A travel agency that wants to survive the demands of the present and future business environment can no longer simply be an outlet for distribution, or a friendly neighborhood business. Agencies that are now looking toward the future with optimism are those that have structured a business rather than a distribution outlet. This article is intended to reach those agency owners and managers who have a fairly sizable volume, have established good business relationships with corporations, and are seriously concerned about their future well-being. I hope to touch on a few areas that are of concern, giving some insight into areas that you may or may not have already targeted as vital to survival. Remember, sometimes it is the obvious that escapes us, so don’t believe that the simplicity of some of these areas is unintentional. The key to survival is overall profitability, but there are some subtle areas that affect whether or not you are profitable.
A travel agency is a rather unique business when looked at from a profitability standpoint. It is perhaps the only retail industry that has a little or no control over its retail pricing structure. Although alternative pricing exists, it is not an effective means for the average agency to gain and/or maintain profitability. Thus, it is vital to make a careful analysis of your costs and your income.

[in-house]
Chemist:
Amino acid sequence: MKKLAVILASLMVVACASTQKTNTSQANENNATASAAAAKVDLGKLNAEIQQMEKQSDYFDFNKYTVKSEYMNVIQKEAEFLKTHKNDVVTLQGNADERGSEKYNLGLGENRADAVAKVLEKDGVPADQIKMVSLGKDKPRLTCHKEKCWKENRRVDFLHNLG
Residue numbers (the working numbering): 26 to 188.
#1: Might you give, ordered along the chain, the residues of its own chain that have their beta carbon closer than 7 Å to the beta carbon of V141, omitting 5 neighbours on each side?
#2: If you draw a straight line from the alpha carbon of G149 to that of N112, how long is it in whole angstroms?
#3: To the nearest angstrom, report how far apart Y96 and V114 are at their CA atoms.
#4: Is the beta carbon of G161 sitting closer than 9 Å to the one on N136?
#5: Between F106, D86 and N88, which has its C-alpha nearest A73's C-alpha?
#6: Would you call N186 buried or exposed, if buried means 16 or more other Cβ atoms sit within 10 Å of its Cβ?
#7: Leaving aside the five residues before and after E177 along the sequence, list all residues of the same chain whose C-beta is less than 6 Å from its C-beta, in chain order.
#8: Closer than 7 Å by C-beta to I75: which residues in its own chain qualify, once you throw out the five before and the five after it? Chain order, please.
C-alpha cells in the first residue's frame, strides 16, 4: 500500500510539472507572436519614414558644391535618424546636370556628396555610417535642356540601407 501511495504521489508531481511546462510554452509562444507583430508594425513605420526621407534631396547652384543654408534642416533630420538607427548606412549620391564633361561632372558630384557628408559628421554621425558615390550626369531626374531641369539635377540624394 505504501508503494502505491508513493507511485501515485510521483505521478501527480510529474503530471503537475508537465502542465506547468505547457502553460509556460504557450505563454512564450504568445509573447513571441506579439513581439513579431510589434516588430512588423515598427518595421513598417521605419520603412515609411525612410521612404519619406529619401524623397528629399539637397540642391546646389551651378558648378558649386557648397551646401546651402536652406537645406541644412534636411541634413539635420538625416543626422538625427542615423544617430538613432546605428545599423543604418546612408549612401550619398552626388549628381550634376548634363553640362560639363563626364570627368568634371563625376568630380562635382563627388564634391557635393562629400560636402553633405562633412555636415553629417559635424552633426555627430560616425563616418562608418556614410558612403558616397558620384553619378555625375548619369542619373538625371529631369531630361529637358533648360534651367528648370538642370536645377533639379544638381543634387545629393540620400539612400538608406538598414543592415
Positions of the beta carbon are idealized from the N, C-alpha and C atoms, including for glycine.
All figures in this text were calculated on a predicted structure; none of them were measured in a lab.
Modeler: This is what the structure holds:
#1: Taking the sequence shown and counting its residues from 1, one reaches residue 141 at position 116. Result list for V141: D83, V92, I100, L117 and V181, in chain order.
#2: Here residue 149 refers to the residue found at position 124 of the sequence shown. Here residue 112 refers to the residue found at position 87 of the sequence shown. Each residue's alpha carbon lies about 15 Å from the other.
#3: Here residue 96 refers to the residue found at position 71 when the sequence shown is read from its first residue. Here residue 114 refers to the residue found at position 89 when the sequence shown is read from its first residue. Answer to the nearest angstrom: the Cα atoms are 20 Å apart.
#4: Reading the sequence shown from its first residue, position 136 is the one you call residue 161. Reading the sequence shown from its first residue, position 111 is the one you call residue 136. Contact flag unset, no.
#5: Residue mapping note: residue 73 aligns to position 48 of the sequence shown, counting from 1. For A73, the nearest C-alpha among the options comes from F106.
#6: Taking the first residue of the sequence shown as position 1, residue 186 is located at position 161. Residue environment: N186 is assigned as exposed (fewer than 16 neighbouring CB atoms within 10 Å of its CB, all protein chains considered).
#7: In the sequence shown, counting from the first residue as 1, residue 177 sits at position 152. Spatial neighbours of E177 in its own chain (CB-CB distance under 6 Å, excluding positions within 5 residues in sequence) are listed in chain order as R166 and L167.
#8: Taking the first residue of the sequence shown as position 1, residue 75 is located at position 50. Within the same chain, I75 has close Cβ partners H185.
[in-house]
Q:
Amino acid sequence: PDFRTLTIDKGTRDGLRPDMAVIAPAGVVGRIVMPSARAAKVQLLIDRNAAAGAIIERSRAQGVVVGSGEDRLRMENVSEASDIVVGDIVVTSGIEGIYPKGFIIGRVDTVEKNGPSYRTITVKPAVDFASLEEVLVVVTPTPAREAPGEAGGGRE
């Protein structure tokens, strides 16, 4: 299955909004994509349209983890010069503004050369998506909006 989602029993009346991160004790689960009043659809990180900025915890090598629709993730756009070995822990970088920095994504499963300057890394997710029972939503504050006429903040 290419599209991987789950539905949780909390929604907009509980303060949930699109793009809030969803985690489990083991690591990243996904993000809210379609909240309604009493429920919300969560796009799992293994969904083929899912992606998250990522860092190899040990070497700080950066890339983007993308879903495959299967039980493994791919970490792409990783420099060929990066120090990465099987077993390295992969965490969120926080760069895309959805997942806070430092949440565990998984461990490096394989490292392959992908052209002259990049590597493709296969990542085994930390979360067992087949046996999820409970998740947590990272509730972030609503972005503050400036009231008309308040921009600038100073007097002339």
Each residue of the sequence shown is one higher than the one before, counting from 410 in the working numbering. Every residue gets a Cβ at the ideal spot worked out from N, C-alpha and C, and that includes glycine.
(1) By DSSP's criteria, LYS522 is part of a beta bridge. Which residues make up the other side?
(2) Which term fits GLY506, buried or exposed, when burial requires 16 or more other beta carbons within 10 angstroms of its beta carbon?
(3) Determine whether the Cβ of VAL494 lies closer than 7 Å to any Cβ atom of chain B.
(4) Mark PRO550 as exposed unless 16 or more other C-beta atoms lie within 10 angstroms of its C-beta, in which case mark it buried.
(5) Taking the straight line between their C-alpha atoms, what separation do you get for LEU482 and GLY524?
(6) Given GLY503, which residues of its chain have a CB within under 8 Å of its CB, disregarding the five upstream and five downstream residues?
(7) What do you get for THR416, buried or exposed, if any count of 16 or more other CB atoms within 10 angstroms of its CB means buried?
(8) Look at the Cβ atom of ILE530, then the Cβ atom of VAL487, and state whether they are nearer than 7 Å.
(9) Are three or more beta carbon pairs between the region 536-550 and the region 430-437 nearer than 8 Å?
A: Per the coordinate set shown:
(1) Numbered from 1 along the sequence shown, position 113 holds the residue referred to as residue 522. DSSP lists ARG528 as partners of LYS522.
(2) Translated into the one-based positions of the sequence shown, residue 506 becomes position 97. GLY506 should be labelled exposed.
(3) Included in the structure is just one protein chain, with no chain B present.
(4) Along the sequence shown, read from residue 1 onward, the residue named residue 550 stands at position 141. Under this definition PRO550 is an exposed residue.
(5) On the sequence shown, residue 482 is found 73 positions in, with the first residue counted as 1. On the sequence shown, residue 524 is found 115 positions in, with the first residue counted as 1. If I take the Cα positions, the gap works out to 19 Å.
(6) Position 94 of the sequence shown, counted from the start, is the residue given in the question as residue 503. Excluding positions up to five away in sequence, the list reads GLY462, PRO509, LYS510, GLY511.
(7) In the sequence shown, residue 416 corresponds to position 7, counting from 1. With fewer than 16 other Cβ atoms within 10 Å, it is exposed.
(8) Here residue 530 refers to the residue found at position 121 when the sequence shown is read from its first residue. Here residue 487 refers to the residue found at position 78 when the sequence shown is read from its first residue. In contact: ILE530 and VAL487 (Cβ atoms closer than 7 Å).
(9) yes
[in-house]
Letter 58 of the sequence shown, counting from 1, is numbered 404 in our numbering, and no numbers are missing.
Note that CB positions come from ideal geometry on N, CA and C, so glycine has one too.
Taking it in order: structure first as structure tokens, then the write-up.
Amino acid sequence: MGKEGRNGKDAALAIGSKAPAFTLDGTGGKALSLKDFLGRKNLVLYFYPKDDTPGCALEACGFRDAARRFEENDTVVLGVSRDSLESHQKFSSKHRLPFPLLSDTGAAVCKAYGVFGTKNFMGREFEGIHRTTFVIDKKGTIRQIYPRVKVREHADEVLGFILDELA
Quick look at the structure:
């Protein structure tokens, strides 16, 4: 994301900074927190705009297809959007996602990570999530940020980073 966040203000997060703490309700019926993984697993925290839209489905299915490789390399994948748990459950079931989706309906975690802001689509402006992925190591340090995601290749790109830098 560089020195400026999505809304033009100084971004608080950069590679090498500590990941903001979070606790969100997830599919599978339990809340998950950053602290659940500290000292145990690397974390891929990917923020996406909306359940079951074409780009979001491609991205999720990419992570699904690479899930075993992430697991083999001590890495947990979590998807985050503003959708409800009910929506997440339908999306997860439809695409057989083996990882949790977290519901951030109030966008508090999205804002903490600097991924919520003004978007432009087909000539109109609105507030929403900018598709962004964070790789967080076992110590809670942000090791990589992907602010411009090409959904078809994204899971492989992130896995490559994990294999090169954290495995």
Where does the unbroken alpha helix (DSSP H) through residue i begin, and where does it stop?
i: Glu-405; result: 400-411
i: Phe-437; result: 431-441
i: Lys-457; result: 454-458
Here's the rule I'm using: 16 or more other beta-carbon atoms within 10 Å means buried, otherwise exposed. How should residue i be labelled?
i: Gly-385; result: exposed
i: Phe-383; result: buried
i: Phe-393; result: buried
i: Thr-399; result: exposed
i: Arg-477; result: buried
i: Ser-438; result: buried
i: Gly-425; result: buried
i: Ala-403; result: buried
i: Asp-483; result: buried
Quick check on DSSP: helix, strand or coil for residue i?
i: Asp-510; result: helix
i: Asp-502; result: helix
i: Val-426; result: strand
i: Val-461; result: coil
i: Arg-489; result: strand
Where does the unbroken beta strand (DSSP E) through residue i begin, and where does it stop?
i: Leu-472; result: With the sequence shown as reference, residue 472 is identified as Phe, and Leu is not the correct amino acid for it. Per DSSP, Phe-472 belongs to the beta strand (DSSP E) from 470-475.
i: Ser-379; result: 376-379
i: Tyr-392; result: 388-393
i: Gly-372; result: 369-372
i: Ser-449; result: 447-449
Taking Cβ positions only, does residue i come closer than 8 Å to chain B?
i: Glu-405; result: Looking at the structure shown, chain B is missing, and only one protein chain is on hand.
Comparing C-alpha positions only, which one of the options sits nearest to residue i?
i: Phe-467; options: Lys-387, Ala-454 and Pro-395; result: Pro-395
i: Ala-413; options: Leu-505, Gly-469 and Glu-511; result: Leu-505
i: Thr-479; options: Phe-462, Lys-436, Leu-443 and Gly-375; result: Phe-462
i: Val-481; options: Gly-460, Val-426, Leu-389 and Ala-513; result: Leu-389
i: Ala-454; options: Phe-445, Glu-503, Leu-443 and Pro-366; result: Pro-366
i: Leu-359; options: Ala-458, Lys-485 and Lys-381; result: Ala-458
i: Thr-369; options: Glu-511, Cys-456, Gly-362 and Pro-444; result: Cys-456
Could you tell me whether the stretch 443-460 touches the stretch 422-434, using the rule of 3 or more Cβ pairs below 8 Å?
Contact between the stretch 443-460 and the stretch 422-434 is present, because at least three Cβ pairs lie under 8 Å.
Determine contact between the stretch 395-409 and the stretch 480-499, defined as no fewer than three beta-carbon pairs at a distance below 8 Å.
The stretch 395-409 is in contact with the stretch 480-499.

Have you taken the time to analyze productivity; the average per transaction cost compared to the average per ticket/transaction fee revenues received? What about individual productivity? Do you have fair, firm, viable, and enforceable expectations of what your salaried employees must produce? Is your payroll in line with your business volume?
If you were asked to state by how much you wanted to increase your volume in 2012, you most probably would have a ready response. But, have you thought through what measures you will need to take to increase your volume? If you plan to increase your market share, you must keep a constantly growing and evolving prospect list and then follow-up with sales-related meetings and presentations. It will be necessary to generate new volume in order to increase profitability or in some cases just to maintain it. It is of utmost importance that your organization has a firm and tried sales and marketing strategy.